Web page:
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Recreational Gymnastics

Our recreational classes include: 

TINY TOT (co-ed; ages 3-4); KINDER GYM (ages 5-6); BOYS (ages 5 & above); BEG REC (ages 7 & above); ADV REC (ages 10 & above); TUMBLING (ages 8 & above)

1. What should my child wear to her trial class?
Students attending classes should place hair in a ponytail and away from the face. They should also be dressed in athletic wear. If your daughter owns a leotard (even if it's a dance leotard) she can wear that to her trial class. Otherwise, clothes should be easy to move in but not excessively loose. During cold weather, gymnasts may wear tight or long-sleeved shirts. Again, this should be close fitting. Clothing with hoods should not be worn on the floor. Street clothing (i.e., jeans) should also not be worn on the floor. If your child does not have the proper attire he/she may not be able to participate. This is not meant to be persnickety. Clothing policies are an issue of SAFETY on the floor. Additionally, no shoes or socks should be worn and all dangling or loose jewelry should be removed prior to entering the floor.

2. Can I make up my class?
Yes, we offer TWO free makeups per month as long as there is space available in classes. Please remember that makeups are offered to accommodate a sick child or other emergencies. They are not meant to be used to create a personal, week-to-week schedule for gymnasts.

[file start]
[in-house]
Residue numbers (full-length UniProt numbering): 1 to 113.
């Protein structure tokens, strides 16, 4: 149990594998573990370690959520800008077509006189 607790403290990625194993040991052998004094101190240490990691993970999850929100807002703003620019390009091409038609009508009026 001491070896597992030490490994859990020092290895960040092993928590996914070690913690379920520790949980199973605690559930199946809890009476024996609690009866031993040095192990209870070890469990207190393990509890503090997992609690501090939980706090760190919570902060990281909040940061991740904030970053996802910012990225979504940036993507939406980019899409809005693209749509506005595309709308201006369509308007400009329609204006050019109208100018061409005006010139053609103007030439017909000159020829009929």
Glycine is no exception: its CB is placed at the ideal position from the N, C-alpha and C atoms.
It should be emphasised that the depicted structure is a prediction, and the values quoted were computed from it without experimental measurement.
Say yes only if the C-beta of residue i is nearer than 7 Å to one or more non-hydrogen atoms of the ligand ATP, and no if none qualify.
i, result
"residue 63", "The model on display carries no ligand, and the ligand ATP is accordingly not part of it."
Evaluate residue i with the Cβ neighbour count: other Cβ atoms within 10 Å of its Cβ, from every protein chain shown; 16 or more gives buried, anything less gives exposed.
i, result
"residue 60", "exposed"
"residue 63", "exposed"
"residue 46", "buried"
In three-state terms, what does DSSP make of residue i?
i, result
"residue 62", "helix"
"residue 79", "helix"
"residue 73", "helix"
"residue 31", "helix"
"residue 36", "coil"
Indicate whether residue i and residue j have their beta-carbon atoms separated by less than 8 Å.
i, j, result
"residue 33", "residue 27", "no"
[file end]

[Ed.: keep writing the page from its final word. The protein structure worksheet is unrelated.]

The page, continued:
3. Why don't I see more progress in my child's gymnastics?
There are many reasons why your child's progress my seem to have slowed. Seemingly slow progress might have to do with a child's age or developmental stage. Preschool aged children, for example, are still developing gross and fine motor skills, visual tracking, impulse control, concentration, etc. It takes quite a lot for our littlest gymnasts to do something "easy" like a cartwheel. Often, our instructors employ age appropriate activities, what might seem like "game playing" to parents, that prepares children for future gymnastics skills. Conversely, if an older child has had (or is about to have) a growth spurt, she might see a regression in her skills. Another reason children do not progress as quickly as parents might like is because of the frequency with which they attend classes. If a child learns a skill on Thursday, it's difficult to keep all of the particulars of that skill straight a week later. In cases like this, skill acquisition might take the form of two steps forward, one step back. All of these scenarios, and many more, are NORMAL. Children see the best gains when they attend at a regular interval over an extended period of time. 

4. What's the difference between tumbling and gymnastics?
In gymnastics classes (a category to which Tiny Tot and KinderGym also belong), students are exposed to the four Olympic events: uneven bars, balance beam, floor, and vault. In tumbling classes, students only work on floor skills or what is commonly known as "acro" skills. This class is popular among dancers and cheerleaders looking to improve on these specific skills.